I haven't gotten around to doing my traditional sample ballot yet this election cycle. To explain: Years and years ago, when I was a "ballot commissioner," I began posting a sample ballot (this was in the paper ballot days) on the back of a door in the Circuit Clerk's office. Is it inappropriate to point out that my predictions have been uncannily accurate? So far, at least.
The vigor - and in some instances, the viciousness - of the current campaign probably has slowed down my prediction machine.
I haven't planned this post, so I don't know if this is going to boldly predict anything. So, let’s just call it some election observations?
Supreme Court - This is the hot button race in the state, at least the one where there is real competition. The players are:
Spike Maynard - I’m supporting him. I like him. He rules against me a lot. He has caught undeserved shit from political opponents. Were these opponents to point out that he’s just too damn conservative (the real objection they have), that would be fair. I’m getting some splash on this, and I’ll live with it.
Margaret Workman - Her big minus is that she’s been there before and left. But that’s her biggest plus, too. I barely know her personally. She has written some good decisions in the past and no question she can do the job.
Bob Bastress - Here is another guy that I don’t know well. He teaches at the College of Law, and has for something like 30 years. He’s certainly the best legal scholar of the group, and I’m presuming that he would be quite liberal. The academic accomplishments are important, but I just don’t think that they will translate to votes in West Virginia. Some of the bar resists an academic on the Court, and I can argue that one both ways. “Practical experience” is important, and sometimes professors have more of that than you would expect. If that’s the case, the campaign hasn’t effectively communicated that. Frank Cleckley is strongly supporting Bastress. I don't think Frank is well-known as a politician, but he's probably the most prominent lawyer in the state, and unquestionably transformed the Court (for the better) when he was a Justice there, and his word carries a lot of power.
Menis Ketchum - I am told that he is a really good lawyer in the southern part of the state, but I’ve never communicated with him in any way. His ads follow the pattern of the others, “Spike is a son of a bitch and it’s all Don Blankenship’s fault,” which may be effective, but it doesn’t tell us a thing about his judicial philosophy.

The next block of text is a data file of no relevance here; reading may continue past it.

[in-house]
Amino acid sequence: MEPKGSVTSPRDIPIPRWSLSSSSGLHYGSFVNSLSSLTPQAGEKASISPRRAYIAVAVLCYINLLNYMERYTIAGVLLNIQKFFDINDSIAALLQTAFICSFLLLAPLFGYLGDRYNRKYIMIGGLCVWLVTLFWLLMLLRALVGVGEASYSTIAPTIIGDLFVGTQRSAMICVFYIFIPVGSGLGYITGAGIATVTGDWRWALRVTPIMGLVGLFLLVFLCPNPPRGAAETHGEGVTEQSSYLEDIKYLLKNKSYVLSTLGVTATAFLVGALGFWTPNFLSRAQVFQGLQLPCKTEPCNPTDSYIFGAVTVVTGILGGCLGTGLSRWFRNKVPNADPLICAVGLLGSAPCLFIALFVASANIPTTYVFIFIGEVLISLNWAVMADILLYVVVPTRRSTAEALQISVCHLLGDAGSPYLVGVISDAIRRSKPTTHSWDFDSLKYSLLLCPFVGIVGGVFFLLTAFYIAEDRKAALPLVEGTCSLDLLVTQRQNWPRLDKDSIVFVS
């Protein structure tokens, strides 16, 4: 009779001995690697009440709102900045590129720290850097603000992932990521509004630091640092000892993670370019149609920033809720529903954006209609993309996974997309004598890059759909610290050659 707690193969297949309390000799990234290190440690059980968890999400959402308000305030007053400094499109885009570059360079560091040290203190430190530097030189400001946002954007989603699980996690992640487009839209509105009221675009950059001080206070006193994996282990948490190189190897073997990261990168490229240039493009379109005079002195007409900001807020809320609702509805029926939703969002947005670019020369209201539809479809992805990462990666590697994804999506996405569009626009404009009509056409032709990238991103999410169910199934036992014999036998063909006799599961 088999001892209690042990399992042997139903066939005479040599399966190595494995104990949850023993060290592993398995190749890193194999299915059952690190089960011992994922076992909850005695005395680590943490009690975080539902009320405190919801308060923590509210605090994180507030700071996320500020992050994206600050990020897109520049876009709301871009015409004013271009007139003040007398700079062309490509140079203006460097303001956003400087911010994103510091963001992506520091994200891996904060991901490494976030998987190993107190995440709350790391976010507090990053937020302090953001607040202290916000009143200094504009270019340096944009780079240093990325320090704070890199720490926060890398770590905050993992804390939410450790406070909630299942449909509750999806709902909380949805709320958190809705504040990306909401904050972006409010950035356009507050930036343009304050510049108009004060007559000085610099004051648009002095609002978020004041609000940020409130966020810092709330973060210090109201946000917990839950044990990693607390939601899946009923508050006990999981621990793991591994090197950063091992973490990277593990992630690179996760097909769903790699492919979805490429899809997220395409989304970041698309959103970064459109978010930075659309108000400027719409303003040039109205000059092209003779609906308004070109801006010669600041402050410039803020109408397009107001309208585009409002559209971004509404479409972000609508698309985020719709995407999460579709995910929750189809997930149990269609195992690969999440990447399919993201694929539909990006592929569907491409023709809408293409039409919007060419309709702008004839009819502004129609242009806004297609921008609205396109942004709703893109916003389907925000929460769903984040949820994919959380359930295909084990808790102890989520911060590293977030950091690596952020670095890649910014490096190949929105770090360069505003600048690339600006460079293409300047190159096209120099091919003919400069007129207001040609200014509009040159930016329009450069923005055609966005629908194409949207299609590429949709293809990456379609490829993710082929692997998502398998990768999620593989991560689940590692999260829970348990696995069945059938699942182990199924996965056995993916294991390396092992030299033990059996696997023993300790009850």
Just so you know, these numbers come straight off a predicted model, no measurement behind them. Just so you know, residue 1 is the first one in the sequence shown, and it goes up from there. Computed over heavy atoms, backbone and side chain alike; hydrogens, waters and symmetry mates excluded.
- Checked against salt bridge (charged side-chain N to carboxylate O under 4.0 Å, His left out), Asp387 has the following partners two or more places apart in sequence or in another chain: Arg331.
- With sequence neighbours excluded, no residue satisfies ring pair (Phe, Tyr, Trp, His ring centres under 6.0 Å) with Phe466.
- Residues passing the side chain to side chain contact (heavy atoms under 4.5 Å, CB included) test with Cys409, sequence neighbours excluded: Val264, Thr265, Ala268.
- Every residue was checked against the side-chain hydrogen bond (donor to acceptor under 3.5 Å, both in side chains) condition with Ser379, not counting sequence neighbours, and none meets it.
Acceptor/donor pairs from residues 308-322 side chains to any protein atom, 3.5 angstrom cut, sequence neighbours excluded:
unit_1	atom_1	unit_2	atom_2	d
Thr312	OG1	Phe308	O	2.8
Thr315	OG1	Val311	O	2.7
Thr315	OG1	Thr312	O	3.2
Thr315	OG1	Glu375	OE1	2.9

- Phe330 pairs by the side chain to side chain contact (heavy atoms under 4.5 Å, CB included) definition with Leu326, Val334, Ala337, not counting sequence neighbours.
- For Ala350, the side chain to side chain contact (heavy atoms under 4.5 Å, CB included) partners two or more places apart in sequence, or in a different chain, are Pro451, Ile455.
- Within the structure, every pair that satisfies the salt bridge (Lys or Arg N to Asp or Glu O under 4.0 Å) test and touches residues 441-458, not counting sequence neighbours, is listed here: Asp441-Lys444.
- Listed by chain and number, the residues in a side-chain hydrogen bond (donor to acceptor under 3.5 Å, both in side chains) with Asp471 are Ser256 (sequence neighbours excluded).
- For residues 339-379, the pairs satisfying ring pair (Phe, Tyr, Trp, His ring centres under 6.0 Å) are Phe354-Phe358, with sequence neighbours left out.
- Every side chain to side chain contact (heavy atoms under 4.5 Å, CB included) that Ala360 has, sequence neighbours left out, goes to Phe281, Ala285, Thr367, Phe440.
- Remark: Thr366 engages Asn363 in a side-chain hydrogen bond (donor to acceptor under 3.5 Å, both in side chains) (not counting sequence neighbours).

Prediction: Maynard, then Workman.
Sheriff - There are three serious candidates.
In the lead and my projected winner is Randy Proctor. He has run before and lost a squeaker last time. He has been running continually and effectively since. He has great law enforcement credentials. NONE of the candidates has talked about the fact that the Sheriff is also the treasurer of the county and runs a BIG business operation. I think that’s an anachronism anyway, but there’s no support for changing that. I’ve supported Randy for the past 2+ years.
Donnie Leonard will run a strong second, in my prediction. He is a thoroughly nice fellow with solid law enforcement credentials. He is strongly supported by Sheriff Slaughter, who swings a lot of weight in the Democratic party. His campaign has been strong, but not apparently strongly financed. It’s a shame that’s a factor, but Dr. Reality says that it is.
Joe Carpenter will be a real player in the future. If he stays in the public eye like Randy has done, he’s got a strong start on the 2012 or 2016 campaign. He is the least experienced, but still has good law enforcement credentials. He has not spent a great deal of money campaigning, but he’s worked personally hard at it, has kept on message and campaigned smartly. Son Tim has a Joe Carpenter sticker on his truck.
Family Court Judge
How in the pluperfect hell can I call this one? My great friend David Born is the incumbent, and he is an excellent judge. The things that make him a great judge make him a lousy politician. Perhaps this points out flaws in judicial selection, I don’t know. On the other hand, appointment invokes the appearance of cronyism and no doubt the reality of it in some instances.
My partner and great friend Amy Swisher is running against David. She’s the most personable of the candidates, and has worked extremely hard toward the end of the campaign. Her literature is really good, but her campaign hasn’t spent much money.
Marci Carroll is a really, really smart lawyer with a fanatic work ethic. Her campaign has run like clockwork, she’s put money into the campaign and if the amount of work is the sole determiner, she wins hands down.
Steve Fitz is an extraordinarily nice fellow with good sense. His campaign really never took off.
Prediction? Jeez - how about it’s within the margin of error, so we’ll see. It’s how much legs Dave’s incumbency has versus Marci’s determination versus Amy’s positive personality. It will be the nominee's election to lose, because if they take the Republican, Shirley Stanton, for granted they'll get greased. Shirley is a good lawyer and will run a really strong campaign.
I know that to Clank & Rags & the rest of the Shelf crowd, this is a great bloody boor of a post. Sorry, this is what's going on in my life right now.
Hillary is coming to Fairmont tomorrow night. I ain't going.